View Full Version : roof vent question

Clarence Martin
12-19-2015, 12:49 PM
Found some specs on roof vents.

Roof exhaust ventilator blows out 500 CFM. The square footage on the roof that needs venting is 630 SQ FT. There are roof vents on the other part of the roof, but not this part. How many would I need ? I am assuming Intake as well as exhaust vents.

Clarence Martin
12-19-2015, 12:52 PM
Also, would it be a good idea to locate the intake or exhaust vent directly over the spot on the roof where the heat ductwork is closest to the roof ? That is where all the ice build up is the problem.

Brian Elfert
12-19-2015, 3:06 PM
The better solution for heat getting into the attic is to seal the air leaks that are allowing heat into the attic. If you have your heating ducts in the attic then I don't know how to help. I had the floor of my attic sealed with spray foam to stop air leakage. I did not have a real vapor barrier so I decided to have the spray foam done.

Jerome Stanek
12-19-2015, 3:11 PM
I can't answer that as you need to know the cubic feet of the roof. If it has a shallow pitch or a steep pitch will make a difference.

Clarence Martin
12-20-2015, 9:40 AM
I can't answer that as you need to know the cubic feet of the roof. If it has a shallow pitch or a steep pitch will make a difference.

Low sloop rubber roof. About 7 feet attic ceiling height on the high end, and not sure on the low end. I know the duct work is less than a foot from the ceiling on the low end, where the roof meets the wall. It is possibly a 1/12 2/12 or 3/12 . No more than 3/12.

Rob Nusbaum
12-21-2015, 9:35 PM
If you're getting ice on the roof above the heat ducts, then perhaps the first thing to do would be to seal and insulate the ductwork. Sounds like you're losing heat from your warm ducts to the cold attic. You could vent that heat out, but don't you want it to heat your shop?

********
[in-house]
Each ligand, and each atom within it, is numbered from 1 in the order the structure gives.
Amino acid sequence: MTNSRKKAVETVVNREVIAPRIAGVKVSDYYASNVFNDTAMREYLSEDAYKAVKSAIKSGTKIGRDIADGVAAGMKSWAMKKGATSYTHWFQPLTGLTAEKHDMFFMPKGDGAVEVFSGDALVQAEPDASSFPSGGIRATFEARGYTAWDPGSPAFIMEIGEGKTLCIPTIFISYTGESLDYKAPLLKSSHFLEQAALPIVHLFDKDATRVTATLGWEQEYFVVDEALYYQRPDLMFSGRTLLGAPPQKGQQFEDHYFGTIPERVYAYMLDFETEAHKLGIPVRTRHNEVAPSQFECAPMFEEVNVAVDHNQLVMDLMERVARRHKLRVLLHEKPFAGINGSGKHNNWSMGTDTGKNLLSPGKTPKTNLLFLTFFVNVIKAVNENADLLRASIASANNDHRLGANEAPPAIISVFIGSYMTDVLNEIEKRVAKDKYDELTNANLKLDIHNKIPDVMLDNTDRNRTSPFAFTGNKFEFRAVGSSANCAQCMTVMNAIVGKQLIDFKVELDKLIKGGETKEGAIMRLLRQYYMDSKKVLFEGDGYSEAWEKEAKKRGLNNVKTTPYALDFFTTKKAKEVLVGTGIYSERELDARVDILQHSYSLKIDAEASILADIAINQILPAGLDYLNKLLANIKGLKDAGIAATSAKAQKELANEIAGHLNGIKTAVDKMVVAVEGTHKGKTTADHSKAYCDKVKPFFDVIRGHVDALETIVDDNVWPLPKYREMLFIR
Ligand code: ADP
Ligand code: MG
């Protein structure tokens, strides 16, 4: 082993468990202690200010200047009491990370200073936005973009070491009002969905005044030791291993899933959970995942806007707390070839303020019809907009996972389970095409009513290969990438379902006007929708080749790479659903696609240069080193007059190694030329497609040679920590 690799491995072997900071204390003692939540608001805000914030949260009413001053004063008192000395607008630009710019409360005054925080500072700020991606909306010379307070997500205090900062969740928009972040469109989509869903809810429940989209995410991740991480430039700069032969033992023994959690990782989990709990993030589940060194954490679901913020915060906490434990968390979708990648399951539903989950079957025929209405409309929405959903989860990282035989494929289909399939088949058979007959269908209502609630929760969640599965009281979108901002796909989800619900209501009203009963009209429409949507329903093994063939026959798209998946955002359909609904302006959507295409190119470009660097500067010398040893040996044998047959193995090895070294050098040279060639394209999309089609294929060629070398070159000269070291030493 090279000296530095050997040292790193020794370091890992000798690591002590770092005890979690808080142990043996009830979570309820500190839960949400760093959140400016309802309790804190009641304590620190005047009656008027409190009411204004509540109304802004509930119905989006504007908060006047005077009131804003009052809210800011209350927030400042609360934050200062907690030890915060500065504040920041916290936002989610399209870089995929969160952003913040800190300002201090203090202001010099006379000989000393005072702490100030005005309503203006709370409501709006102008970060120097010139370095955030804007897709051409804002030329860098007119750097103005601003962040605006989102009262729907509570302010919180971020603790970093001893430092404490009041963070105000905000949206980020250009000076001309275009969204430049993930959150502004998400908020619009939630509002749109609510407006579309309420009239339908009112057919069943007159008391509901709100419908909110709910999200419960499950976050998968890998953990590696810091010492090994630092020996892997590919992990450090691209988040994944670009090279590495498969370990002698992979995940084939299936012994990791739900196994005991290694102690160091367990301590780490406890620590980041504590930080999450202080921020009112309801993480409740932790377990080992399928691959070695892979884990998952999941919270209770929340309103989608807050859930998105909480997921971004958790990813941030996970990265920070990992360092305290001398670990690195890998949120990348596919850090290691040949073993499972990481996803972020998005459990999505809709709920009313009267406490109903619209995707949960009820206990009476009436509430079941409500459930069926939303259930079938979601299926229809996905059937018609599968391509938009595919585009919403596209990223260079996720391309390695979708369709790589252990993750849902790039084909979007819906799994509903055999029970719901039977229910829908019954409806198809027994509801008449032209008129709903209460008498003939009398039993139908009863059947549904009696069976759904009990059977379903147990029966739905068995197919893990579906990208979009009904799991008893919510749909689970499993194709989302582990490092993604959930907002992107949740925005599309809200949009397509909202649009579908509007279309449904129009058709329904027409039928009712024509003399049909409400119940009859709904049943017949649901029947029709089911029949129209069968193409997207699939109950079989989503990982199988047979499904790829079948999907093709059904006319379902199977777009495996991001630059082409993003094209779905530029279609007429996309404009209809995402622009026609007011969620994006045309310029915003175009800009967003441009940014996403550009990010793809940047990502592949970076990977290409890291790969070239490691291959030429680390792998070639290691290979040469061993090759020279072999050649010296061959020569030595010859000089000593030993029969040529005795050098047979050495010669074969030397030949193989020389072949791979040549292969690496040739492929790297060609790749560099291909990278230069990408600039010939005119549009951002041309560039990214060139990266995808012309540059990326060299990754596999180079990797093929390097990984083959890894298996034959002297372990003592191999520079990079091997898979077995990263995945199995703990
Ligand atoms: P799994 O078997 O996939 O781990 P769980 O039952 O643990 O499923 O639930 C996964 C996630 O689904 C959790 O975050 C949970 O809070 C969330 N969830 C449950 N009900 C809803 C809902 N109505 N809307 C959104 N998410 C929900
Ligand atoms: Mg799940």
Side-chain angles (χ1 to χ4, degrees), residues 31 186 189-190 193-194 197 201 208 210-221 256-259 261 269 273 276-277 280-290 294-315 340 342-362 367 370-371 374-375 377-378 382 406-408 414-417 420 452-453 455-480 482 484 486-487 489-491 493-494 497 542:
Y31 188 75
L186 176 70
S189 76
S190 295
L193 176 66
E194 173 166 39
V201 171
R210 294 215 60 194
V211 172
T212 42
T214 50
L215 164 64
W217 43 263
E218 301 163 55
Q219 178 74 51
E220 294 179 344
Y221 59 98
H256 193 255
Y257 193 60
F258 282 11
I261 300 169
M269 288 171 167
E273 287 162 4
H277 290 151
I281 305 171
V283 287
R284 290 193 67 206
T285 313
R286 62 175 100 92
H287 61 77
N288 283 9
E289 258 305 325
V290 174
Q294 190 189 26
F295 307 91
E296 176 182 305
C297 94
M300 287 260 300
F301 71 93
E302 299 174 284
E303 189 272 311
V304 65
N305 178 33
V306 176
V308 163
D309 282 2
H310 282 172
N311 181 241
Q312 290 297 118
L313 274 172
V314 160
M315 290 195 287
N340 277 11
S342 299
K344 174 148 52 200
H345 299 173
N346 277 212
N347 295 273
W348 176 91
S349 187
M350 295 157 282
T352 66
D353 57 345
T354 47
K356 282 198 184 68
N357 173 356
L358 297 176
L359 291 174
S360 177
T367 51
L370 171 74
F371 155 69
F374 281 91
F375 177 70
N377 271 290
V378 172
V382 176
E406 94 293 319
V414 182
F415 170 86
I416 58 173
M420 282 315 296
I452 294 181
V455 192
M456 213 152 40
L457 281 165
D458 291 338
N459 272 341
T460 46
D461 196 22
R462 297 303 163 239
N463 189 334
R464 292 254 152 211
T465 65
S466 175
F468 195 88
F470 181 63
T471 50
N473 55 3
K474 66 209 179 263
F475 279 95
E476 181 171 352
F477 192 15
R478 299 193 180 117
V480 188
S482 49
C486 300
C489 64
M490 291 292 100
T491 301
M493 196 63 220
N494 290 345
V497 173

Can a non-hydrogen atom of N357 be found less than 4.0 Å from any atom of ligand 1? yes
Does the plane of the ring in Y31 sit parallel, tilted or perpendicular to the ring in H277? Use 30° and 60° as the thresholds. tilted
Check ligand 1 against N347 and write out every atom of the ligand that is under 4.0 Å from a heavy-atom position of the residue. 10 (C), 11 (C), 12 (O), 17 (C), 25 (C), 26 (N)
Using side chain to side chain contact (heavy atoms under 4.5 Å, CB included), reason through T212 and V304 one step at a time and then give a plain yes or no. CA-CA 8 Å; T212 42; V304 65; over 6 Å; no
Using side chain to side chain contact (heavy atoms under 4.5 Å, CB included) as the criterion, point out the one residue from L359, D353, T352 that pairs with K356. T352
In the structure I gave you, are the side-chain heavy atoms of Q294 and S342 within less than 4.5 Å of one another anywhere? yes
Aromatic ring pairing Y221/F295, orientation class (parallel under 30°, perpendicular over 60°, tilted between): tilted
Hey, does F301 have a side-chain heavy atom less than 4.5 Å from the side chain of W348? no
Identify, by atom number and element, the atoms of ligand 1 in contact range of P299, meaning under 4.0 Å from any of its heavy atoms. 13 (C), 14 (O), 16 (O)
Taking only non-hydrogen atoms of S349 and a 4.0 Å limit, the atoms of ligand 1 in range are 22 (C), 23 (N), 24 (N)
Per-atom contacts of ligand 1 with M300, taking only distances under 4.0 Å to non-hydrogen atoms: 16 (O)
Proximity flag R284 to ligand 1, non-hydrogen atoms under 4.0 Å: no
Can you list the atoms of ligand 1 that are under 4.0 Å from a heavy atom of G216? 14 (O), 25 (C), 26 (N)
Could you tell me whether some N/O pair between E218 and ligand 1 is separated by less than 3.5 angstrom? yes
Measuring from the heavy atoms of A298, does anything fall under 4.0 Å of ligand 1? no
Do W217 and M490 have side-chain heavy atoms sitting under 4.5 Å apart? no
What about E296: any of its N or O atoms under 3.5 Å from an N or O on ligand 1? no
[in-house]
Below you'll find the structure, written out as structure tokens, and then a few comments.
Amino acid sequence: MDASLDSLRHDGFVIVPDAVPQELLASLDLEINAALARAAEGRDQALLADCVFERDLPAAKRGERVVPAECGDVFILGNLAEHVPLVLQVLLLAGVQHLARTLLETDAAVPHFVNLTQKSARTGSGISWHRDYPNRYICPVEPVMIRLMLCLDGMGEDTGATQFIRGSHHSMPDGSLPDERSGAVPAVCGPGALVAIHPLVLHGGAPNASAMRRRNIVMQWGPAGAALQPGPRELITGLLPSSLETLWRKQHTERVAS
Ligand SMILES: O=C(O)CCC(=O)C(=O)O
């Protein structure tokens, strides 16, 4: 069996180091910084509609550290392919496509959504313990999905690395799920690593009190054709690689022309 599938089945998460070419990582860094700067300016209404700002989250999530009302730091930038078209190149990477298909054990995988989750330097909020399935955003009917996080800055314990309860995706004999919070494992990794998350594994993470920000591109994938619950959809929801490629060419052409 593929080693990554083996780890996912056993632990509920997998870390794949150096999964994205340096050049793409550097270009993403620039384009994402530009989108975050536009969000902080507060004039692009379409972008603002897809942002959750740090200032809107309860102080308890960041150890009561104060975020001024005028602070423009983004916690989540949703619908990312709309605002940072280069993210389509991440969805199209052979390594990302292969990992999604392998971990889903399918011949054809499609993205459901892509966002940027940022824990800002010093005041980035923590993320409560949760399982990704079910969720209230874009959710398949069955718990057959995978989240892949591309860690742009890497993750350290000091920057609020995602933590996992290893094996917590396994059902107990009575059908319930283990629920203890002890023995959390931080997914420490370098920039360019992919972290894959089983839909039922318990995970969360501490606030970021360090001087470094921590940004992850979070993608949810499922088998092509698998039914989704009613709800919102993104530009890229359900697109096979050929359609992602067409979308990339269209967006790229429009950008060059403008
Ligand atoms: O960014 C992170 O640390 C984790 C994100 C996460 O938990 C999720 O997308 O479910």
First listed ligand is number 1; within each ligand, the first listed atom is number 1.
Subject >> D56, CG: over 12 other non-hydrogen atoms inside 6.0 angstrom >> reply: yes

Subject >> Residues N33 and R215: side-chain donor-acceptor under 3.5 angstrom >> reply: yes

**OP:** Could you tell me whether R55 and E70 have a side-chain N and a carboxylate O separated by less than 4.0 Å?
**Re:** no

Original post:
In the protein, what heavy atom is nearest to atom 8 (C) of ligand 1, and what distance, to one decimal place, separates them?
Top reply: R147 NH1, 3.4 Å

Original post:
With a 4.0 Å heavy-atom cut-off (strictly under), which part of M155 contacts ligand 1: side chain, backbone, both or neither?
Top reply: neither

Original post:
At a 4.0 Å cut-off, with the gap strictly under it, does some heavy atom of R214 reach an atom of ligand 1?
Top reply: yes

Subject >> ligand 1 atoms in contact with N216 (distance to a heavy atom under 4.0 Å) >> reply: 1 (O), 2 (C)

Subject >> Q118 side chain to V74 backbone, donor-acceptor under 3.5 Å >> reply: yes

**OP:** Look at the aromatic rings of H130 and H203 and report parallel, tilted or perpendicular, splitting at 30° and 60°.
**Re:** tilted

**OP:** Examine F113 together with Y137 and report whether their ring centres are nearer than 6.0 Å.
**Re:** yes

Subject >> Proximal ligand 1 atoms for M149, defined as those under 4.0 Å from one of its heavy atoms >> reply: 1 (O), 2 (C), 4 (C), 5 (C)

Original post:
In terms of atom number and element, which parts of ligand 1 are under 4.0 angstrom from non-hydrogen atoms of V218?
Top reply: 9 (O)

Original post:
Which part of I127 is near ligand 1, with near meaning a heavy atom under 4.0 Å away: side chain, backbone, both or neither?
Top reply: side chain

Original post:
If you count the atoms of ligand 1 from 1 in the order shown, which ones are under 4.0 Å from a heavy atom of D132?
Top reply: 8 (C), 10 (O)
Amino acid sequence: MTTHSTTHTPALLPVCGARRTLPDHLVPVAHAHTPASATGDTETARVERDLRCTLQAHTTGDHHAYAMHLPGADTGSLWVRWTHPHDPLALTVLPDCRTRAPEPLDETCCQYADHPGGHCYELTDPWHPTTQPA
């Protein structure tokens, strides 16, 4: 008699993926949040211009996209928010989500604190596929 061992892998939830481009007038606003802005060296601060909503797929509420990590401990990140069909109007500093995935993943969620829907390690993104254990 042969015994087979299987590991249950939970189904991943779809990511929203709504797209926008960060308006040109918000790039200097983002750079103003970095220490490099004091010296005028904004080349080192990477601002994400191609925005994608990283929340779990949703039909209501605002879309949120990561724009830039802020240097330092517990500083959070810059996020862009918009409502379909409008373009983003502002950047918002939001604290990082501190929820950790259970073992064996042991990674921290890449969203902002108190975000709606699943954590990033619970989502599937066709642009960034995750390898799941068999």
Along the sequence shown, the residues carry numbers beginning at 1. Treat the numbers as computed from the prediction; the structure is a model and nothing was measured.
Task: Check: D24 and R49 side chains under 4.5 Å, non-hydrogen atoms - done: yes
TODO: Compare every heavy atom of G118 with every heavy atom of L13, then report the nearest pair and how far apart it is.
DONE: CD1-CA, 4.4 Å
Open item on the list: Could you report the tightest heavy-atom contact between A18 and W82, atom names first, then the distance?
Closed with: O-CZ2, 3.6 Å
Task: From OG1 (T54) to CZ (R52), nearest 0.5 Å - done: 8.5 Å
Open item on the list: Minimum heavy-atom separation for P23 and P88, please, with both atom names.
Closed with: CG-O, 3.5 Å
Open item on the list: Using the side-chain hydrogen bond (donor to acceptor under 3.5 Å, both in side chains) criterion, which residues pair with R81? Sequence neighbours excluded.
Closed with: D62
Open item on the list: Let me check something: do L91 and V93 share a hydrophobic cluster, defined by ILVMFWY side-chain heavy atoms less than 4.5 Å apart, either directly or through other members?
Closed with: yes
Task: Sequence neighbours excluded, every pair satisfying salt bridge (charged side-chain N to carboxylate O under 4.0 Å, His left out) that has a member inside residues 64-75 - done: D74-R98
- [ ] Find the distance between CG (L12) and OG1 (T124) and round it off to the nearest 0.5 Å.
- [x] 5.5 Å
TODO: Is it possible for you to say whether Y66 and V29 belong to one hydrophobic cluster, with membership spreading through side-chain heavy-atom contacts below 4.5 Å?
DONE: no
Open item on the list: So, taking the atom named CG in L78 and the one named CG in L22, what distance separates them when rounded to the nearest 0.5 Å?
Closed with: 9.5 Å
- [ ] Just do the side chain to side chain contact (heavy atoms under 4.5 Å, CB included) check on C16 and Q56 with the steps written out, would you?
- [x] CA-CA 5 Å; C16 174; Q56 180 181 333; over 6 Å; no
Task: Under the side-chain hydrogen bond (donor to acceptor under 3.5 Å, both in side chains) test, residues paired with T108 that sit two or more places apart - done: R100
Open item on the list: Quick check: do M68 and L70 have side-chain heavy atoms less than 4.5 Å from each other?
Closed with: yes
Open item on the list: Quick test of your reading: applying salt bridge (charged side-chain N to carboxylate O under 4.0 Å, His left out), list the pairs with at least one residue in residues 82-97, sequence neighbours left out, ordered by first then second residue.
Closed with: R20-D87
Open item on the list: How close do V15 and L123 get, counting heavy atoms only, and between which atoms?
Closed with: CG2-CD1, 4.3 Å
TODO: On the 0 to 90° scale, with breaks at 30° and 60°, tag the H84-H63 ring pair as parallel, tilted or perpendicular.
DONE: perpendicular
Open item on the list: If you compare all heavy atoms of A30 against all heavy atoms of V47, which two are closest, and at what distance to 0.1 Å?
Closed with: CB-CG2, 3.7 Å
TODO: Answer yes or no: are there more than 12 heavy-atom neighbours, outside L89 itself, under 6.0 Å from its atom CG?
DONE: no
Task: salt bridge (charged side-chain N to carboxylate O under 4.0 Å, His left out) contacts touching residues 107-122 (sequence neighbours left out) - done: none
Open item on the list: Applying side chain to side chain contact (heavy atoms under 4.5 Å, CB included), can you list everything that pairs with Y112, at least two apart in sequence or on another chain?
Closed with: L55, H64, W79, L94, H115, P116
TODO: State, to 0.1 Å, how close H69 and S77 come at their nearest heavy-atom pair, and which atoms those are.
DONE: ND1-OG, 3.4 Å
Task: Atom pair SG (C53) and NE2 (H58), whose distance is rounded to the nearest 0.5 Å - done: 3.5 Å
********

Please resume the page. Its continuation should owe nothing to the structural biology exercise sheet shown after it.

The Owens/Corning website has a good calculator for figuring attic ventilation. www.owenscorning.com (http://www.owenscorning.com)

Lee Schierer
12-21-2015, 10:21 PM
Installing a powered vent when there are not powered vents in other parts of the roof may lead to problems. With regard to air inlets you want them as low to the roof as possible, preferably under the soffits. More is better than too few. You need at least as many square feet of inlet as you have in the outlet. However, since your outlet is powered, you don't want high velocity air coming into the attic. Divide 500 cfm by the square feet of the ventilator outlet and you can determine the speed of the air flow in feet per minute. For example if the outlet of the ventilator is 2 square feet, the air is moving at a rate of 250 feet per minute. Probably 3-4 times (or more) the outlet opening would reduce the velocity of the air coming in to a reasonable speed.

Sealing and insulating your air ducts in the attic is a better way to go than trying to remove leaked heat that you paid for.

roger wiegand
12-22-2015, 9:31 AM
We transitioned to a sealed attic with spray foam at the roofline (bringing our ductwork inside the heated envelope of the house) from traditional attic floor insulation and had not a single icicle, much less ice dam, last winter in the worst winter on record for ice damming in our area. Many similar houses around us, also including relatively new construction, had $100-300K in damage from ice dams-- a couple houses were teardowns because the damage was so extensive. One of the best investments I ever made I think, dwarfing the actual energy savings.

Clarence Martin
12-22-2015, 5:49 PM
14 inches of blown in insulation in the attic. Duct work is all taped and wrapped. Problem is ducts are too close to the roof AND lack of roof vents on the EPDM Rubber Roof. Found vents that would work on flat rubber roofs. The vents under the eves are not providing enough ventilation